There are lots of definite integrals that depend on a parameter $n \in \mathbb N$ and whose result contains factorials of $n$ or some simple functions of it. For instance, $$ \int\limits_{-\infty}^\infty \frac{\mathrm{d} x}{(1+x^2)^n} = \pi \frac{(2n-2)!}{2^{2n-2} [(n-1)!]^2} \qquad (n \in \mathbb N),$$ but there are loads and loads of similar ones.

Now let's say we allow $n$ to be a real number instead of a natural number. It looks like that in most of those cases, it's enough to replace the factorials with gamma functions, giving generalizations like $$ \int\limits_{-\infty}^\infty \frac{\mathrm{d} x}{(1+x^2)^\alpha} = \pi \frac{\Gamma(2\alpha-1)}{2^{2\alpha-2} \Gamma(\alpha)^2} \qquad (\alpha \in \mathbb R),$$ and a quick numeric integration for a couple of $\alpha$ shows that this could be correct. And if it works, then it will work for complex $\alpha$ as well.

The question(s):

  1. Why this works so often? Obviously the integral should depend on $\alpha$ continuously, so it makes sense to replace the factorial with some function that extends it continuously. However there are many of those. What's so special about $\Gamma$ that those integrals seem to generalize only to expressions with $\Gamma$ and not with any other possible factorial extension? I know that $\Gamma$ is the only factorial extension that is log-convex, but I can't see how it connects to this.

  2. Would anybody be able to show a counterexample where this simple replacement with $\Gamma$'s fails? Is there any theorem that would give conditions for this to work?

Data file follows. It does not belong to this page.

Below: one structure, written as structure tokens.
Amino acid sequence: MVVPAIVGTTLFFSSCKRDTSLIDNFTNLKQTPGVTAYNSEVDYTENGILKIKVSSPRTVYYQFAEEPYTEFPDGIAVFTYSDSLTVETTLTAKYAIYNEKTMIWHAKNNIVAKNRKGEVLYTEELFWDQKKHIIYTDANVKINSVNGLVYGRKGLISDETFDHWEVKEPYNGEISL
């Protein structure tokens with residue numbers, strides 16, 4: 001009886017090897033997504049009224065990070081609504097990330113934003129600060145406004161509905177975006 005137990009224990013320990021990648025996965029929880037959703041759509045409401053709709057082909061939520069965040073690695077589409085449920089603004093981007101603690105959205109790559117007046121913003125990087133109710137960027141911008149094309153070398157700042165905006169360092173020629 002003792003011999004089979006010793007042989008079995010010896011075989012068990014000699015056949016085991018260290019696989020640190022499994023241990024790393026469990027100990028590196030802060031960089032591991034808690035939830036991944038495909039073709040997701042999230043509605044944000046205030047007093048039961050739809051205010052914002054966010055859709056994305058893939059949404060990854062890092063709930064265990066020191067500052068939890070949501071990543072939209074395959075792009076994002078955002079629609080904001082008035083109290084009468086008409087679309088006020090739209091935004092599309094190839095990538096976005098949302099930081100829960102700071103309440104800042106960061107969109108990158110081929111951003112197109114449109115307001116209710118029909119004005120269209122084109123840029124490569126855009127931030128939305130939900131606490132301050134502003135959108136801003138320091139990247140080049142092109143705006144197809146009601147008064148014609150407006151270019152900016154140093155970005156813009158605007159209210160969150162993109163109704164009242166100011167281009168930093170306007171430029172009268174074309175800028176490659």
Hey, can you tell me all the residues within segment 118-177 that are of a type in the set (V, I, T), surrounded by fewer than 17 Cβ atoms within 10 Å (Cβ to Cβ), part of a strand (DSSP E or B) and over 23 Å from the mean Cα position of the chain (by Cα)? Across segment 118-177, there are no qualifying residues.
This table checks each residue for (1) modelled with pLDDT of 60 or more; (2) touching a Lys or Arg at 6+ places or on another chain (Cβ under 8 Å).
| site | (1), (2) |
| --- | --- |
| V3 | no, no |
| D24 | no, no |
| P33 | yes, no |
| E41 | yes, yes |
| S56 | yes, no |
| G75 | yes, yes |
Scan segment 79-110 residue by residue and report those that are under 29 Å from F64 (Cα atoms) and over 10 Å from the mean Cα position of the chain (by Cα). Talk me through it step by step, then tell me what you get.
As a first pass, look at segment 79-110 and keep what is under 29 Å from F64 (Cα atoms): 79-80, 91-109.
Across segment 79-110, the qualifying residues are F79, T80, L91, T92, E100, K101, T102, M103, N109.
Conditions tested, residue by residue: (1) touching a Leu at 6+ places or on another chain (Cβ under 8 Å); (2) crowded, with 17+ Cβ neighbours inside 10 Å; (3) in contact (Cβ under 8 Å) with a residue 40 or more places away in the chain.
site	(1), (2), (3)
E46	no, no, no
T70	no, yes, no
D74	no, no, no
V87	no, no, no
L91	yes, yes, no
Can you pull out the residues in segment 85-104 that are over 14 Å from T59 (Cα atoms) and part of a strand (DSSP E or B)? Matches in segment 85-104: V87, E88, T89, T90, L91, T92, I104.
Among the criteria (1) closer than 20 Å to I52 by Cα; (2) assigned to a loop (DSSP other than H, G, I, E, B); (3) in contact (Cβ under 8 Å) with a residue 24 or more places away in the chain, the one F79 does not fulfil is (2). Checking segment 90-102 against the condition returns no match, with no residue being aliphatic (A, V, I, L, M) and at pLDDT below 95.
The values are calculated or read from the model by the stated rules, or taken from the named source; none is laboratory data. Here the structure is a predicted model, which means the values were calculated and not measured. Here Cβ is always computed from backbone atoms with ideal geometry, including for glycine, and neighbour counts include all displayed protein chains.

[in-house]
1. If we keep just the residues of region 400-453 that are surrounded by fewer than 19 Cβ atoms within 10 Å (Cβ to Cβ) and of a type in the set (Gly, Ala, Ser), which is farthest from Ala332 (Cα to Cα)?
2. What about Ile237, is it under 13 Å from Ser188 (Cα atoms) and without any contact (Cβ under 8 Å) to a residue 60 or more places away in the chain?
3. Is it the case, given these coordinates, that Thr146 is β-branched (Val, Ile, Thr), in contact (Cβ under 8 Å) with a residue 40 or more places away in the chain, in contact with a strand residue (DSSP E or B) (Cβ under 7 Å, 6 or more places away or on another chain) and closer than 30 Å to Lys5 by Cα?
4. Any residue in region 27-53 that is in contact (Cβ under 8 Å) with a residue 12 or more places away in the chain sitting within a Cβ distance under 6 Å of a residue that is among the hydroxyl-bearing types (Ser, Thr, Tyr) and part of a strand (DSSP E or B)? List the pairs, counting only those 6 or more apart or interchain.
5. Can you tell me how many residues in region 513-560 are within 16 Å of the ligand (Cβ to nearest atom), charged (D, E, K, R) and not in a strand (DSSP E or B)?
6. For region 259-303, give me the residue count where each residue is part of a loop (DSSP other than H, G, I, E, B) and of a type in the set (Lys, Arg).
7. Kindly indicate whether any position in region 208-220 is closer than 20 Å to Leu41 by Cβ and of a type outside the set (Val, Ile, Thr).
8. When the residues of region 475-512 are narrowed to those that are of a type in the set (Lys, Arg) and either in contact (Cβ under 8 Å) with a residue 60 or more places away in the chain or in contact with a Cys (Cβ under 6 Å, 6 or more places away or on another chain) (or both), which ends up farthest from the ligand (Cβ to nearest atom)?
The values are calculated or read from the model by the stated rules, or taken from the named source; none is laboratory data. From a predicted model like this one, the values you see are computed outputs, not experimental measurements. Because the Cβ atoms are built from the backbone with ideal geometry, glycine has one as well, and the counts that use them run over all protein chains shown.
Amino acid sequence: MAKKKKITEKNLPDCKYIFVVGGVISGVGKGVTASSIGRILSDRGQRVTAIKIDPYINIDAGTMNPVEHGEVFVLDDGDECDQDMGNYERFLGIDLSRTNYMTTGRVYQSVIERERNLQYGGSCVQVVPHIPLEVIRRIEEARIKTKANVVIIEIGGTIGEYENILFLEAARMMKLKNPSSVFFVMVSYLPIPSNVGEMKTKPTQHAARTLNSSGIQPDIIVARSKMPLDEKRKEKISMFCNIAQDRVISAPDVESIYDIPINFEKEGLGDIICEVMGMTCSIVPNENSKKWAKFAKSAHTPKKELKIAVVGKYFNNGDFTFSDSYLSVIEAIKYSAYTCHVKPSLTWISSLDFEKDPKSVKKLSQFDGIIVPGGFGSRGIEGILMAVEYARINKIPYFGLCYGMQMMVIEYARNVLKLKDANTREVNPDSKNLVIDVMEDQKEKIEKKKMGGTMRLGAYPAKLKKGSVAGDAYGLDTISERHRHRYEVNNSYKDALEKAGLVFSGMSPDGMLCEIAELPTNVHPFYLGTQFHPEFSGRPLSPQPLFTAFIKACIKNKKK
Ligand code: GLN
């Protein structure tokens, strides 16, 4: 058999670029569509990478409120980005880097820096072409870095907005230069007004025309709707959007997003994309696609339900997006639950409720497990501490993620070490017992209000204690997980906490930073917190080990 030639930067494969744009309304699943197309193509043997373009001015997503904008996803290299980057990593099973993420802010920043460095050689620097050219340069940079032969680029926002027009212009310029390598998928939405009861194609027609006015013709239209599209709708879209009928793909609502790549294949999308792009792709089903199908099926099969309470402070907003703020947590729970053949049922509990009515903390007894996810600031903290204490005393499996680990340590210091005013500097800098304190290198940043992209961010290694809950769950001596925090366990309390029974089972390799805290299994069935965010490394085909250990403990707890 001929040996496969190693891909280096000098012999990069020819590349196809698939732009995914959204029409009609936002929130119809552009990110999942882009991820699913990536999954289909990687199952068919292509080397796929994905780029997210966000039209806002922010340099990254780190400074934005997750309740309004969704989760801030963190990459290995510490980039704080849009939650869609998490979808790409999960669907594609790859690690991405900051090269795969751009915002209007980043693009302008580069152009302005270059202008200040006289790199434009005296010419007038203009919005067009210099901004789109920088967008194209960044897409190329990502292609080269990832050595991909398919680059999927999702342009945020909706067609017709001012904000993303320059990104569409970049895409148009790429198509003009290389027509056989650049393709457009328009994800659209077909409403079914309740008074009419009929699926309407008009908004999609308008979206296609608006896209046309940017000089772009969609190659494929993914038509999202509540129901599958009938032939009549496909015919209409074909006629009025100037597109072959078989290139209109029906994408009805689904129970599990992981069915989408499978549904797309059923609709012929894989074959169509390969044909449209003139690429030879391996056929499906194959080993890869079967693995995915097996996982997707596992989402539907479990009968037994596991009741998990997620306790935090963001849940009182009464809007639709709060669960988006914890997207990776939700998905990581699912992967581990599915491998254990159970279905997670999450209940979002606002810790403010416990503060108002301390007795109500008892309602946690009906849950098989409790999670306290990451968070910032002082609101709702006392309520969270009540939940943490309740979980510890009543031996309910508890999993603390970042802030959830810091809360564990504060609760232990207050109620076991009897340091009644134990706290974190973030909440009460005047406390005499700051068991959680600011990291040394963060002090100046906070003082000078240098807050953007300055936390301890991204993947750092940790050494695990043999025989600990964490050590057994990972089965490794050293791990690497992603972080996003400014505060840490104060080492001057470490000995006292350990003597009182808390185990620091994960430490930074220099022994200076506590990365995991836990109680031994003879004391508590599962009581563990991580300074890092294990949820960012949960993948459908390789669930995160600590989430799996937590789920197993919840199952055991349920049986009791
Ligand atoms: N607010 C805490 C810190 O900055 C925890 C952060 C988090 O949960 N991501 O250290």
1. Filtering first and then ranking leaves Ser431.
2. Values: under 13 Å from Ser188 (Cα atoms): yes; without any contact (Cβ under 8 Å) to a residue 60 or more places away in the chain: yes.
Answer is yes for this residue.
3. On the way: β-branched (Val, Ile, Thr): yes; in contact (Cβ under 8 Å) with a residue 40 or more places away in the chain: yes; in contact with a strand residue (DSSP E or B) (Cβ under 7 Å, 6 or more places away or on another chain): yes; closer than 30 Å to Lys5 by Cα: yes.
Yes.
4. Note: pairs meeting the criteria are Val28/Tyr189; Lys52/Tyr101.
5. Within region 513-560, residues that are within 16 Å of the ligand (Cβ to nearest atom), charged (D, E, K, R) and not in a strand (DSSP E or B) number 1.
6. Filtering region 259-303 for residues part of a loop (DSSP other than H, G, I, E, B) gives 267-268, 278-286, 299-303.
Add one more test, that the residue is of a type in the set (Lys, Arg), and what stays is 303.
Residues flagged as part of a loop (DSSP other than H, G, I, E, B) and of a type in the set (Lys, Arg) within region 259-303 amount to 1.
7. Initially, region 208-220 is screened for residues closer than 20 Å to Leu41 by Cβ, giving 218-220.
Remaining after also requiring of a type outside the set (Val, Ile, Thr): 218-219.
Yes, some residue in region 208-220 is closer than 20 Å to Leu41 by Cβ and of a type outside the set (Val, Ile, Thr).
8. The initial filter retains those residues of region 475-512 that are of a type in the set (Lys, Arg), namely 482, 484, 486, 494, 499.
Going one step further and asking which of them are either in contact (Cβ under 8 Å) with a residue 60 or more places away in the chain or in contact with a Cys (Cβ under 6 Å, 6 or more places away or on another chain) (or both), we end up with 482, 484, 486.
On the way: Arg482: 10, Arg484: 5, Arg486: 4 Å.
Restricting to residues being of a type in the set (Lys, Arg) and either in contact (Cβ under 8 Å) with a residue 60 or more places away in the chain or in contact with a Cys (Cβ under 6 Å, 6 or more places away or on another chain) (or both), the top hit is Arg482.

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    $\begingroup$ What are your thoughts on splitting out your questions into multiple posts? In particular, the counterexample question would be a good one for a separate post... $\endgroup$ May 17, 2020 at 18:22
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    $\begingroup$ @ColmBhandal: I can certainly do that. I'm not very sure about putting them both into one question myself. $\endgroup$
    – Ramillies
    May 17, 2020 at 18:26
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    $\begingroup$ Your question, your choice :) I think it may get more traction as two separate ones though $\endgroup$ May 17, 2020 at 18:27
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    $\begingroup$ @ColmBhandal: I'll probably leave them in one. I find that I can't come up with a good and short title for the counterexample question. $\endgroup$
    – Ramillies
    May 17, 2020 at 18:47

2 Answers 2


One possible way to prove such extensions is by using the following theorem of Carlson: If $f(z)$ is holomorphic in the sector $|\arg z|\leq \alpha$ with $\alpha\geq \frac{\pi}{2}$, $|f(z)|=\mathcal{O}(e^{c|z|})$ with some $c < \pi$ in this sector, and if $f(n) = 0$ when $n = 1, 2, 3,\ldots$, then $f(z) \equiv 0$.

For more on this theorem, see G. H. Hardy, On two theorems of F. Carlson and S. Wigert, Acta Math. 42 (1920), pp. 327–339.

In your example, let $$ f(z)=\int_{ - \infty }^{ + \infty } {\frac{{dx}}{{(1 + x^2 )^{z + 1} }}} - \pi \frac{{\Gamma (2z + 1)}}{{2^{2z} \Gamma (z + 1)^2 }},\quad \Re z \ge 0. $$ Now $$ \left| {\int_{ - \infty }^{ + \infty } {\frac{{dx}}{{(1 + x^2 )^{z + 1} }}} } \right| \le \int_{ - \infty }^{ + \infty } {\frac{{dx}}{{(1 + x^2 )^{\Re z + 1} }}} \le \int_{ - \infty }^{ + \infty } {\frac{{dx}}{{1 + x^2 }}} = \pi , $$ and, by Stirling's formula, $$ \pi \frac{{\Gamma (2z + 1)}}{{2^{2z} \Gamma (z + 1)^2 }} = \sqrt {\frac{\pi }{z}} \left( {1 + \mathcal{O}\!\left( {\frac{1}{z}} \right)} \right). $$ Thus, $|f(z)|=\mathcal{O}(1)$ for $\Re z\geq 0$. As you noted, $f(n)=0$ for $n = 1, 2, 3,\ldots$. Thus, by Carlson's theorem, $f(z)$ is identically zero. Accordingly, $$ \int_{ - \infty }^{ + \infty } {\frac{{dx}}{{(1 + x^2 )^{z + 1} }}} = \pi \frac{{\Gamma (2z + 1)}}{{2^{2z} \Gamma (z + 1)^2 }}, $$ for $\Re z \ge 0$. Now, you may use analytic continuation to extend this identity to the larger region $\Re z >-\frac{1}{2}$.